HAProxy SNI

HAProxy SNI” is pure gold! If you want to have a load balancer for HTTPS traffic, without managing SSL certificates on the said load balancer, there is a way to do so.

The approach is utilizing the Server Name Indication (SNI) extension to the TLS protocol.  I knew about it and I was already using it on the web server side, but it didn’t occur to me that it’ll be utilized on the load balancer.  Here’s the configuration bit:

frontend https *:443
  description Incoming traffic to port 443
  mode tcp
  tcp-request inspect-delay 5s
  tcp-request content accept if { req_ssl_hello_type 1 }
  use_backend backend-ssl-foobar if { req_ssl_sni -i foobar.com }
  use_backend backend-ssl-example if { req_ssl_sni -i example.com }
  default_backend backend-ssl-default

The above will make HAProxy listen on port 443, and then send all traffic for foobar.com to one backend, all traffic for example.com to another backend, and the rest to the third, default backend.

Charles – web debugging proxy application

Charles is a web debugging proxy application for Windows, Mac OS, and Linux.  Here’s a quick description from the project’s website:

Charles is an HTTP proxy / HTTP monitor / Reverse Proxy that enables a developer to view all of the HTTP and SSL / HTTPS traffic between their machine and the Internet. This includes requests, responses and the HTTP headers (which contain the cookies and caching information).

And here are some key features:

  • SSL Proxying – view SSL requests and responses in plain text
  • Bandwidth Throttling to simulate slower Internet connections including latency
  • AJAX debugging – view XML and JSON requests and responses as a tree or as text
  • AMF – view the contents of Flash Remoting / Flex Remoting messages as a tree
  • Repeat requests to test back-end changes
  • Edit requests to test different inputs
  • Breakpoints to intercept and edit requests or responses
  • Validate recorded HTML, CSS and RSS/atom responses using the W3C validator

Pretty much every browser these days comes with developer tools (like Google Chrome, for example).

But these are mostly useful for requests made by the browser itself.  Often, like depicted in “PHP and cURL: How WordPress makes HTTP requests” blog post from which I learned about Charles, one needs to examine requests made by the application itself – like WordPress in this particular case.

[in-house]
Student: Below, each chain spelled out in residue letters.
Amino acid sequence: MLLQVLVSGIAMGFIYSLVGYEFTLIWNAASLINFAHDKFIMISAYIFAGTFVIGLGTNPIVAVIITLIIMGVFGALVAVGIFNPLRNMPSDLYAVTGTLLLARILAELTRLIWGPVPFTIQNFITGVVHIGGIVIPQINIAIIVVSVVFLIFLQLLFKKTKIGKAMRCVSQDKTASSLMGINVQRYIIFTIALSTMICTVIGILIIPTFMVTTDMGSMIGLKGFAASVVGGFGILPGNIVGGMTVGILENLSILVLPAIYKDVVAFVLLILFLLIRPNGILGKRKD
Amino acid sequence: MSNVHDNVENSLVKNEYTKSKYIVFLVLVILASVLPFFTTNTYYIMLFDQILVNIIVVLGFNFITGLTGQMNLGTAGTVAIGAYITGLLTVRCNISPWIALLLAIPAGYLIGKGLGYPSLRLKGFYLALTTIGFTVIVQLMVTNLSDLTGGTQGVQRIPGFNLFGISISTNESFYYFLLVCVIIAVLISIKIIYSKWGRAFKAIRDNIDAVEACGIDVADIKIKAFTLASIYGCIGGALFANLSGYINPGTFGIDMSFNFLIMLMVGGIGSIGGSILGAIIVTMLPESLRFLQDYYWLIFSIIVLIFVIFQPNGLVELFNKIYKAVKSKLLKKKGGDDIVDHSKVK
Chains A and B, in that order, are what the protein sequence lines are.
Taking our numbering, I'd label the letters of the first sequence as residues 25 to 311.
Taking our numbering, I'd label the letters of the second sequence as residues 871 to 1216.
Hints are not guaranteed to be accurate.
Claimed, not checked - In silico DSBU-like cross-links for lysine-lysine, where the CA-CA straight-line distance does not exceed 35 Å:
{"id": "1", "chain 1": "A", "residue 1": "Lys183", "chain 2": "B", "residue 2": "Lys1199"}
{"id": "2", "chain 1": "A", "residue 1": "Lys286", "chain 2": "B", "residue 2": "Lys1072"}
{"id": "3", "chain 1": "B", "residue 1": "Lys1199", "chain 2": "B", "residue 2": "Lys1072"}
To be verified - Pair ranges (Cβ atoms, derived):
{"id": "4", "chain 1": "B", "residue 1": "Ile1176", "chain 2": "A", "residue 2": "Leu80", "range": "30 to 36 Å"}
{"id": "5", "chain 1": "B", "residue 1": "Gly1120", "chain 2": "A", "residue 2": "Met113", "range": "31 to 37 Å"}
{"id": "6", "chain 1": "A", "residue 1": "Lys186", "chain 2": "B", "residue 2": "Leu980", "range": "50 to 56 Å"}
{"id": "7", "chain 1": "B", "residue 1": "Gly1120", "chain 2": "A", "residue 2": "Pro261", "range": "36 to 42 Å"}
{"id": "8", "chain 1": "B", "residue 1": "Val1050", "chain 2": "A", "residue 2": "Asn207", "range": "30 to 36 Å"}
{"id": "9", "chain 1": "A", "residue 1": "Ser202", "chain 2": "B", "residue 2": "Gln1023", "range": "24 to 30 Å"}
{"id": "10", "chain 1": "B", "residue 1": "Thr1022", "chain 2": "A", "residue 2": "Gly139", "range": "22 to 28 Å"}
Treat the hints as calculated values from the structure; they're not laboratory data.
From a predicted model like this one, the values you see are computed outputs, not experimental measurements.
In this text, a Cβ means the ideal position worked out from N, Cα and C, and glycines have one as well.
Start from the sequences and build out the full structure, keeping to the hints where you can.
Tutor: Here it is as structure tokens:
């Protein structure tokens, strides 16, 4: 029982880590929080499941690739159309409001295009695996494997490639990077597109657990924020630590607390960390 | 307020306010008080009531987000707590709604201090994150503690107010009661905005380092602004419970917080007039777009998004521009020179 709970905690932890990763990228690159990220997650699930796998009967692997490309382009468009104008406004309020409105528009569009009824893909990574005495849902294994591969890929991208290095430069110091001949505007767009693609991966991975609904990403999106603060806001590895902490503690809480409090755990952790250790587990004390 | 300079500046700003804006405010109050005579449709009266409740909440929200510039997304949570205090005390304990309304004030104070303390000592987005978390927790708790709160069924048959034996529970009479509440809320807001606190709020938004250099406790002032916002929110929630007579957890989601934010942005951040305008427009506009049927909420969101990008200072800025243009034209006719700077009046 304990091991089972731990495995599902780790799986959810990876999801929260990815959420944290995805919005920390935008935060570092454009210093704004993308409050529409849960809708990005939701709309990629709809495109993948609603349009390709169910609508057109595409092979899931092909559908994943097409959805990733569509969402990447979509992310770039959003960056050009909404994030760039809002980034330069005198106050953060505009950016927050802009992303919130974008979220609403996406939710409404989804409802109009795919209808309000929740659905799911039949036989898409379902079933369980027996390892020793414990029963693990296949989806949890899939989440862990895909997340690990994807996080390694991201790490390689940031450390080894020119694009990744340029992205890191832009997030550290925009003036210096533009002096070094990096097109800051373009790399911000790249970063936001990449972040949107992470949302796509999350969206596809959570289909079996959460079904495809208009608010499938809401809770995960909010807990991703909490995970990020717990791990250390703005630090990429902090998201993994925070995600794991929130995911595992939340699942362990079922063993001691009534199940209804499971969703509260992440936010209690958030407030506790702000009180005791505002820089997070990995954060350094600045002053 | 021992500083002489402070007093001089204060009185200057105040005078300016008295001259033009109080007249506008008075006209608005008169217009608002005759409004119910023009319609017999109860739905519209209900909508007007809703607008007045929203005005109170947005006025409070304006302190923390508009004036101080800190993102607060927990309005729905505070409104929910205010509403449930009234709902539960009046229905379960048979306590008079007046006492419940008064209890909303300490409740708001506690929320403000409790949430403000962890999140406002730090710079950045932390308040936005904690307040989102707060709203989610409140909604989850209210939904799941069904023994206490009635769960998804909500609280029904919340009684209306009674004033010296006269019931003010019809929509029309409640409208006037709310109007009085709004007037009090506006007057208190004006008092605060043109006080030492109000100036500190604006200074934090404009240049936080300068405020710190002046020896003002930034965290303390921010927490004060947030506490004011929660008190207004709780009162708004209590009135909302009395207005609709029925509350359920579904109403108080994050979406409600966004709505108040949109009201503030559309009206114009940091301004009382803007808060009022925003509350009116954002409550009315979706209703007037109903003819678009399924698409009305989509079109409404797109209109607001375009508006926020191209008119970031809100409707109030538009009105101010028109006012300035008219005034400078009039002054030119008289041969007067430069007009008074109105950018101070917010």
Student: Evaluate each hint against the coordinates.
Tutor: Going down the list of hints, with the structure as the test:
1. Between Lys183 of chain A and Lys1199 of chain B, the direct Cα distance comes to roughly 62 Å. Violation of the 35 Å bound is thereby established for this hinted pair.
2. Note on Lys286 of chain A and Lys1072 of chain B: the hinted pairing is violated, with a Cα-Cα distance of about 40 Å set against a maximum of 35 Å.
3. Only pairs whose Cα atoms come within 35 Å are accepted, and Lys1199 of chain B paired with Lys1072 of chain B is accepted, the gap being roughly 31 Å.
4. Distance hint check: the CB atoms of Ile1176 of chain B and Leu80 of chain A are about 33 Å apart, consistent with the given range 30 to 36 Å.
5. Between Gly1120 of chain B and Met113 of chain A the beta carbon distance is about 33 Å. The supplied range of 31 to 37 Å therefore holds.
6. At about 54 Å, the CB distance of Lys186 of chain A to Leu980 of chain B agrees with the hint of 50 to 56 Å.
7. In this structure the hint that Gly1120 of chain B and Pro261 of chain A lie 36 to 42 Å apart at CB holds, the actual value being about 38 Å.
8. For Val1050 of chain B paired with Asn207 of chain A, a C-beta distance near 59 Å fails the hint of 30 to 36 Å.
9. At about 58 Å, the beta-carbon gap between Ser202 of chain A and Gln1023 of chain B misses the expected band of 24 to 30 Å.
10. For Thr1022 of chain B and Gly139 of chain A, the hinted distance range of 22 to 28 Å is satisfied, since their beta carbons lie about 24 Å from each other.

The developer tools of the browser won’t be very useful, but a proxy application like Charles would.  Setting up a proxy will send all requests through it, allowing for easy inspection and debugging.

Google and HTTPS

Here are some interesting news on the subject of Google and HTTPS:

In support of our work to implement HTTPS across all of our products (https://www.google.com/transparencyreport/https/) we have been operating our own subordinate Certificate Authority (GIAG2), issued by a third-party. This has been a key element enabling us to more rapidly handle the SSL/TLS certificate needs of Google products.

As we look forward to the evolution of both the web and our own products it is clear HTTPS will continue to be a foundational technology. This is why we have made the decision to expand our current Certificate Authority efforts to include the operation of our own Root Certificate Authority. To this end, we have established Google Trust Services (https://pki.goog/), the entity we will rely on to operate these Certificate Authorities on behalf of Google and Alphabet.

The process of embedding Root Certificates into products and waiting for the associated versions of those products to be broadly deployed can take time. For this reason we have also purchased two existing Root Certificate Authorities, GlobalSign R2 and R4. These Root Certificates will enable us to begin independent certificate issuance sooner rather than later.

We intend to continue the operation of our existing GIAG2 subordinate Certificate Authority.

If you need a bit of help putting this into perspective, this Hacker News thread has your back:

You can now have a website secured by a certificate issued by a Google CA, hosted on Google web infrastructure, with a domain registered using Google Domains, resolved using Google Public DNS, going over Google Fiber, in Google Chrome on a Google Chromebook. Google has officially vertically integrated the Internet.

The History of the URL

The History of the URL is a brilliant compilation of ideas and resources, explaining how we got to the URLs we use and love (or hate) today.  In fact, the article comes in two parts:

  1. Domain, protocol, and port
  2. Path, fragment, query, and auth

Read them in whatever order you prefer. But I guarantee that you’ll have a number of different responses through out, from “Wow! I never knew that” and “I would have never thought of that!” to “No way! I don’t believe it“.

And here is one of the bits that made me smile:

In 1996 Keith Shafer, and several others proposed a solution to the problem of broken URLs. The link to this solution is now broken. Roy Fielding posted an implementation suggestion in July of 1995. The link is now broken.

tus.io – open protocol for resumable file uploads

tus.io, in their own words:

People share more and more photos and videos every day. Mobile networks remain fragile however. Platform APIs are a mess and every project builds its own file uploader. There are a thousand one week projects that barely work, when all we need is one real project. One project done right.

We are going to do this right. We aim to solve the problem of unreliable file uploads once and for all. tus is a new open protocol for resumable uploads built on HTTP. It offers simple, cheap and reusable stacks for clients and servers. It supports any language, any platform and any network.